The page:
Vintage-Books-CAL logo

Turn Off the Screen

Wick Downing

I write best when I can’t see what I’m doing. When I have no idea whether what’s going up there is deathless, or drivel. And the reason I have no idea whether it’s good or bad or indifferent is because the screen is off, and I can’t see the words as they are being formed, and all I’m able to see is what’s in my head or what’s outside if I’m looking out the window-and then the words just kind of come gushing out.

Is it deathless prose, or drivel? Well you know what? It doesn’t matter.

It really doesn’t. That’s a very well-known fact that we are all in denial about. Our writing seems to each of us to be of absolute and sublime importance as we write it, as though our little squiggles will be compared to the literary giants and critiqued by masters of criticism and read by the masses. The truth is, who will see it? Who will remember it fifty years from now? Or ten? Or ten minutes from now? The little-known fact we are all in denial about is this. It doesn’t make a rat’s ass what’s up there on the screen, as I write.

When I can truly adopt that attitude, I write my best. Many of you may say that my best is about good enough to discourage the average gnat on the ass of the rat. That doesn’t matter either. With the screen off, I can just write and write and write to my heart’s content.

It’s when the screen goes back on that things get tense. That’s when that editor in me can see that it’s just all truly horrible and the worst kind of drivel-hello. What’s that I put in there? You know what? It isn’t all bad. There’s some good stuff in there.

So here’s the trick. It’s really a derivative of something my good friend John Dunning used to talk about; how he kept himself from editing, as he wrote. He did it another way because he refused to use a computer. He insisted on typing everything on a manual typewriter; and when he’d get going in the morning, rather than revising what he’d written the previous day, he’d start out by copying the last page, and he’d let go of his mind, and take off. Before long, he wasn’t copying what he’d written the day before at all. He was writing something better. He was getting down on it.

Okay. Now this is drivel, because I’ve lost the point I was trying to make. And you know what? It doesn’t matter. I can turn the screen on when I think I have enough drivel, and go back, and edit. That’s when I can turn the drivel into the deathless prose I know my anxious public expects to see from me.

Who is my public, anyway? You? Who are you? I don’t even know you. I may hate you. You may have hair hanging out of your hose. And if I’d had the screen on and was paying attention to what it is I’m writing, I may never have realized that.

But the screen is off–and here’s where I am right now. It’s about four-thirty in the morning, and I have the keyboard on my lap, and I’m looking out the window with no lights on inside the house, and just playing with myself, as Dunning used to say. I knew I’d get back to him. This is how he used to get on the typewriter. He would never interrupt himself as he was writing something and fix a misspelled word, or correct some grammatical mistake or change a comma to a colon. He wouldn’t get all bent out of shape over some stupid mistake that one side of his head thought was so critical. He used the other side of his head, the one that was totally non-judgmental of the appearance of what he wrote; that just had fun and could get carried away with some strange thought, like who are you? Who is my anxious public, anyway?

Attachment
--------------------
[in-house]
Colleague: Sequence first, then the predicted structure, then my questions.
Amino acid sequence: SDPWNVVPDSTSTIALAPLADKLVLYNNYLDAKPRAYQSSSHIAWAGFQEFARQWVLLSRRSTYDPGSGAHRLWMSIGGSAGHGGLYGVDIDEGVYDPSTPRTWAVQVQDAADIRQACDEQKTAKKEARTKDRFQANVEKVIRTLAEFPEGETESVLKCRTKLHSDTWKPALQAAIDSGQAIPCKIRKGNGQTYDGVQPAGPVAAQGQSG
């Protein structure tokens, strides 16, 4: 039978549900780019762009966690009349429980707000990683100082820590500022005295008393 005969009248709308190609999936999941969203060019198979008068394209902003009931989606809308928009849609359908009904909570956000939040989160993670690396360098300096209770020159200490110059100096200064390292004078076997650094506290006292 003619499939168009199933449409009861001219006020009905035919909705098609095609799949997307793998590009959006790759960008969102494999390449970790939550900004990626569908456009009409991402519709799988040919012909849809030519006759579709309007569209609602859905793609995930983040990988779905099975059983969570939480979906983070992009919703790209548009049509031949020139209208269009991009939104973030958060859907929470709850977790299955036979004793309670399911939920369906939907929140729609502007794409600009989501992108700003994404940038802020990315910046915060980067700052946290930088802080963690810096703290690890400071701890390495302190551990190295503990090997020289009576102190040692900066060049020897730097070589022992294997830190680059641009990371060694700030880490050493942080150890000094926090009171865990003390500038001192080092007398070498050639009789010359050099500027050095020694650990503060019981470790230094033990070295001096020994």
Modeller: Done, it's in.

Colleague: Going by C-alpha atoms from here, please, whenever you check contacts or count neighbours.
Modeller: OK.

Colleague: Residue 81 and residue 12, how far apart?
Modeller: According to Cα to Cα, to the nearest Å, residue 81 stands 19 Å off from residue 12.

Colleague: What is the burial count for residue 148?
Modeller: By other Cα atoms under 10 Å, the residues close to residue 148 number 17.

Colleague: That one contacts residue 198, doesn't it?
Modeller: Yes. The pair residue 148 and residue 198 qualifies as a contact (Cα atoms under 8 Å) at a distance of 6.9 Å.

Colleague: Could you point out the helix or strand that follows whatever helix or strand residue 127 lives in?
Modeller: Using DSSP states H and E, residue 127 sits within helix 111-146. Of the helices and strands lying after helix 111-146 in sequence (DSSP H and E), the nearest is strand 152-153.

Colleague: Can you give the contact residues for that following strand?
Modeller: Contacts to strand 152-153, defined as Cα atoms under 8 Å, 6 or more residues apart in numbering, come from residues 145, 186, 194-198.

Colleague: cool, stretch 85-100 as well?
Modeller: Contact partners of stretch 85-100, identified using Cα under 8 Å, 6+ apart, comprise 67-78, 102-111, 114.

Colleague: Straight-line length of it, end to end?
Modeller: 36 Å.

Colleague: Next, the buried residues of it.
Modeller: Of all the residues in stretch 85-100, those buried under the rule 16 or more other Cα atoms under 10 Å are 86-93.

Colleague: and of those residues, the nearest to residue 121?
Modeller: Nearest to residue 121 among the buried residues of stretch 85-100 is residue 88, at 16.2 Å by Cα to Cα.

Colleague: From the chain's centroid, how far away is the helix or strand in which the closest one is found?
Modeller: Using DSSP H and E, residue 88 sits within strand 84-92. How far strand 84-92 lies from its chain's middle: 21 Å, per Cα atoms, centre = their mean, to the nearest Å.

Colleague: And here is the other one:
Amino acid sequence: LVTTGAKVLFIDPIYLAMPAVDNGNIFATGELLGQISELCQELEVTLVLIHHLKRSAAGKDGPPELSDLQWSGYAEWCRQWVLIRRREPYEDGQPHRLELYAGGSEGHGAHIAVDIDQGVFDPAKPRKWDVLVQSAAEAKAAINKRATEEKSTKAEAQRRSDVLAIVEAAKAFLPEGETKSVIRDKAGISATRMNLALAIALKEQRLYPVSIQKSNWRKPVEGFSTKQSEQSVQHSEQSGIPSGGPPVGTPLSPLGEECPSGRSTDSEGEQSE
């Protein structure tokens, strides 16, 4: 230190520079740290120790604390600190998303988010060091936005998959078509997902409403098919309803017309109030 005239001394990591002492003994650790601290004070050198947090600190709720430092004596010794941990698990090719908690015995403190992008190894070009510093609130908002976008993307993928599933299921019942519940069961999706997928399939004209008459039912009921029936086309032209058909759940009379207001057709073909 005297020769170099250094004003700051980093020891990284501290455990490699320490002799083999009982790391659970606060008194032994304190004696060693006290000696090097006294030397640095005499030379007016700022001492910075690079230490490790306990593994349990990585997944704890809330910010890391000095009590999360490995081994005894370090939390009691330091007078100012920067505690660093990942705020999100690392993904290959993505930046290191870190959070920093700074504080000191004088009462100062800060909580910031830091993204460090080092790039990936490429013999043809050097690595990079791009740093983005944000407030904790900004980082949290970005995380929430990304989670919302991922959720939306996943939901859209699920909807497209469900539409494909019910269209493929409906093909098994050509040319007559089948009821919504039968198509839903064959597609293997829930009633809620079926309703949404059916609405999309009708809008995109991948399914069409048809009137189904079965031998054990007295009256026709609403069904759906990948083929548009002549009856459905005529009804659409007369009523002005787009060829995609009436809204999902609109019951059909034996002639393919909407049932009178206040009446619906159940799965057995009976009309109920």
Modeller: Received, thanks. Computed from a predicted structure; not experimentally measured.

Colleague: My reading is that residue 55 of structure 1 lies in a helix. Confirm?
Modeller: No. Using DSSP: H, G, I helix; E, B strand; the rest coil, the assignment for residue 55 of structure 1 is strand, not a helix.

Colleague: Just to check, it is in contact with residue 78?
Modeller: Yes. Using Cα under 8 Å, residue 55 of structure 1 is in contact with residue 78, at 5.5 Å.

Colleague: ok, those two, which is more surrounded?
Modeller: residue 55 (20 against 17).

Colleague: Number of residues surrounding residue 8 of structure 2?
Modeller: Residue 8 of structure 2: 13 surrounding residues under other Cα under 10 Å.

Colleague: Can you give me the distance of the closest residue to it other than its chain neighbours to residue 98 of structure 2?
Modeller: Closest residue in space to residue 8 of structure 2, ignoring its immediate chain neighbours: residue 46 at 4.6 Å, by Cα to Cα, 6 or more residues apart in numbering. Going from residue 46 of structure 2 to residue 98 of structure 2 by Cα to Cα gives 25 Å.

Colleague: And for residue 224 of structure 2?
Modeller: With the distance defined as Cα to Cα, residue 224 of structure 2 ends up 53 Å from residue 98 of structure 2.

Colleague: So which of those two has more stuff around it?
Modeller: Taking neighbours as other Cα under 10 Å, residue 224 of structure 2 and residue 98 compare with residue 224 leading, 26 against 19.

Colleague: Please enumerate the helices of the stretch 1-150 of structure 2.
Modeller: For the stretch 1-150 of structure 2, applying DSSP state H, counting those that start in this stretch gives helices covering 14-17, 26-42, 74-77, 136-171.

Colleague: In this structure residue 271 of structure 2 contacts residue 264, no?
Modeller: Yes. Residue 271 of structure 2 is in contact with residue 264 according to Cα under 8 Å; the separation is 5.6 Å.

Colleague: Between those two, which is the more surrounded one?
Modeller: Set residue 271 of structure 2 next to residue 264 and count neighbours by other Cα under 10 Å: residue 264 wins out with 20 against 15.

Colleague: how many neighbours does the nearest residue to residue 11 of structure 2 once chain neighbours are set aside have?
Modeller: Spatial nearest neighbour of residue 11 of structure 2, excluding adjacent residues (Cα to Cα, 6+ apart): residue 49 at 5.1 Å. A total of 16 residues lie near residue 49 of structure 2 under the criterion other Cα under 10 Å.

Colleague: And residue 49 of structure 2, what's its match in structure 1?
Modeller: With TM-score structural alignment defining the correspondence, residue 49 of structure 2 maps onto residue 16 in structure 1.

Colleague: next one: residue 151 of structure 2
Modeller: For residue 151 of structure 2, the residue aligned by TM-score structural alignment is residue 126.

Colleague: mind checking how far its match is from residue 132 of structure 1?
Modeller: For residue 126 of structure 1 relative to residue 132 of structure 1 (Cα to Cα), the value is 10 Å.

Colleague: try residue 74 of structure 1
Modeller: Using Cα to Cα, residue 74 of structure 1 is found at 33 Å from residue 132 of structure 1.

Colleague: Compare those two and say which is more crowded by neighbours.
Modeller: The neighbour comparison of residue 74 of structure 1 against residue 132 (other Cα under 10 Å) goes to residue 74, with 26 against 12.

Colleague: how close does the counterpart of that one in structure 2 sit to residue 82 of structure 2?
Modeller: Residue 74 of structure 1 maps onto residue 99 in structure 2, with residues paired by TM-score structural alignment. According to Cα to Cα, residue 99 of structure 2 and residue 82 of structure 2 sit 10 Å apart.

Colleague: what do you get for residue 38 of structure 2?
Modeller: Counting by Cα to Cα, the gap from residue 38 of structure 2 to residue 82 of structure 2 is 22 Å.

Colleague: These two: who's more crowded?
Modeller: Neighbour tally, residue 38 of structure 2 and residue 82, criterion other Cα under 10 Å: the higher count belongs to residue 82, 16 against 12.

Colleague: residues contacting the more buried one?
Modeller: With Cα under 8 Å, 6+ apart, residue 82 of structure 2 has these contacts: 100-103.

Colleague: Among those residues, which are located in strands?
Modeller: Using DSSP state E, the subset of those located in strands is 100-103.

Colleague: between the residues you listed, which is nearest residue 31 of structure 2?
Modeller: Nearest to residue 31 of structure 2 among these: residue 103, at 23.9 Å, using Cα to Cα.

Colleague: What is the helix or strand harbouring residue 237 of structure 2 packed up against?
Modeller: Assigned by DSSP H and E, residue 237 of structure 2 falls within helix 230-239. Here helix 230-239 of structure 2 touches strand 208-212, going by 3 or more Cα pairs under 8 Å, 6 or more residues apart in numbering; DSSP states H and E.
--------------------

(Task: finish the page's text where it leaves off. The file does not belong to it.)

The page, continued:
So the next time you’re in a scene, or in the middle of an article and you’re trying to make it work and it won’t because that’s the way articles can get, and that’s the way stories can get, and that’s the way anything can get-just plain perverse, like two-year-olds demanding attention-then turn the screen off. Maybe the scene or the article or the project you’re all wrapped up in just doesn’t like being watched. Maybe if you’d stop watching it, you could write it. When you watch what you write, it can look awful. You’re watching the words and hearing them and seeing how they’re arranged on the page, and it’s disgusting, or it can be. But if you turn the screen off, none of that matters to you because you can’t see it. You can let your mind wander around it, and play with it, and stroke it and pet it and get down on it real close and smell it if you want.

Later, when you turn the screen back on and edit all the crap that’s up there-hmm. Not all of it is crap. And the stuff that’s up there that embarrasses you, you can delete.

So here’s my advice, which is worth absolutely what you paid for it. Nothing. Here it is anyway. Make it easy on yourself when you write-or at least when you write your first draft. Stop watching the words on the page. Turn off the screen and let yourself soar in the sky like the birds.

Then can come back later, and fix.


Comments are closed.



The CAL Memorial Scholarship honors, as a group, CAL members who have passed away. To make a contribution in an amount of your choosing, please click here:


If you have news about upcoming events, award programs, resources, or other information relevant to the writing community that you'd like us to share, please send the information by email to the CAL Website Administrator.

Click for tips on sharing your news!